Overcoming Fear of Intimacy
by Amy Scholten, MPH
Negative attitudes and shame are often passed from parents to children. This often blocks true intimacy (closeness) between adult couples.
For example, one night John told his wife Sally that he loved her long, brown hair. The next day, Sally had her hair cut short. When John saw it, he was shocked. He felt that she did not care about what he liked. He felt angry, but then saw how happy Sally was with her new hairdo. He said nothing, but he felt distanced from her.
Later, Sally remembered when her mother said she was ugly. That message stayed with her into adulthood. When John admired her beauty, it did not match her deep belief that she was ugly. So, Sally set out to maintain her poor self-image. She cut her cherished hair.
Inheriting Attitudes From Parents
Children think their parents are always perfect. They often blame themselves for their parents' faults and weaknesses. Children also often adopt their mother or father's negative attitudes and opinions. They can carry these attitudes into adulthood and never question them.
Messages commonly passed on to girls may include:
Messages commonly passed on to boys include:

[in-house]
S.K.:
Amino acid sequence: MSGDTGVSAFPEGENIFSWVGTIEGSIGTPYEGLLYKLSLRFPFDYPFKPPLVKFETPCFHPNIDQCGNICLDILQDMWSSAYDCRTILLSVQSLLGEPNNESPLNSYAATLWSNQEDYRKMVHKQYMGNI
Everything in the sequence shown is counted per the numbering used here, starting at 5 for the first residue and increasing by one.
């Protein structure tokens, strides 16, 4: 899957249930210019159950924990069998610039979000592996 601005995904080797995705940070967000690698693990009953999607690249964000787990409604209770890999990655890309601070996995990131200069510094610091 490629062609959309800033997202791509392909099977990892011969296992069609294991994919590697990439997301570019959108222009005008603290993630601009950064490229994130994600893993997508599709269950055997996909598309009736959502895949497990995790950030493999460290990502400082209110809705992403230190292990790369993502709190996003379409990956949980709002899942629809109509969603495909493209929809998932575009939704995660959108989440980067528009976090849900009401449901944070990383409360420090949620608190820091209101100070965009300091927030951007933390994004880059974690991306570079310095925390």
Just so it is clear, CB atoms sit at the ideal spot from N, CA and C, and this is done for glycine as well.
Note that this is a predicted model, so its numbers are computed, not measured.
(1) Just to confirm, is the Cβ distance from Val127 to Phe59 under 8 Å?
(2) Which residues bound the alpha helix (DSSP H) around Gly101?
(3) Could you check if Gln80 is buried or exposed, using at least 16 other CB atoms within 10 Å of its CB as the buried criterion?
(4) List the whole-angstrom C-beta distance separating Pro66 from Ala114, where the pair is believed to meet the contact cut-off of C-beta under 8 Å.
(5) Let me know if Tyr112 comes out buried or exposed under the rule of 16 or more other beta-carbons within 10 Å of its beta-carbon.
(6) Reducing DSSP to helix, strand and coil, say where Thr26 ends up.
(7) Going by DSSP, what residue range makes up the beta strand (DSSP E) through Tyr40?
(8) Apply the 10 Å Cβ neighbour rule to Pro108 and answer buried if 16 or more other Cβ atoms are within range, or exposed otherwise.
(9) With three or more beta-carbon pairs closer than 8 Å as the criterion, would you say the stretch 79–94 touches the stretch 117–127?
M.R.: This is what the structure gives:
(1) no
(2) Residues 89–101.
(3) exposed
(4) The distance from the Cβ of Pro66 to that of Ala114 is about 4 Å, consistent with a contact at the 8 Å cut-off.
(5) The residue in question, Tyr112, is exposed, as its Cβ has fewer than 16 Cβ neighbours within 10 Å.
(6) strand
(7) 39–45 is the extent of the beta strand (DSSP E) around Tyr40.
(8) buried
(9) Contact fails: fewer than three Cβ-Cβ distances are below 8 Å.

Choosing a Mate
Adults often choose partners who are similar to a parent in some way. This is because the person feels familiar.
Healing and intimacy can begin when couples learn more about themselves. They need to see how their childhood affected them. This means seeing their parents' faults and weaknesses as well as strengths. The next step is to apply this knowledge to themselves and their partners.
Letting the Beliefs Out
Getting closer may begin by talking about negative attitudes and beliefs. For instance, Sally could reveal how her family thought she was ugly. John might disclose that he cannot express anger at women. He thought his mother was perfect and could never be angry at her.
Increasing the Intimacy
Couples can also become closer by appreciating their differences.
Here are some ways to do this:
American Psychological Association
Mental Health America
Canadian Psychiatric Association
Canadian Psychological Association
About fear of intimacy. The Glendon Association website. Available at: https://www.glendon.org/post-topic/fear-of-intimacy. Accessed June 11, 2021.
Fear of intimacy: understanding why people fear intimacy. PsychAlive website. Available at:
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Accessed June 11, 2021.
Harris MA, Orth U. The link between self-esteem and social relationships: A meta-analysis of longitudinal studies. J Pers Soc Psychol. 2020;119(6):1459-1477
Last reviewed June 2021 by EBSCO Medical Review Board
Last Updated: 6/11/2021
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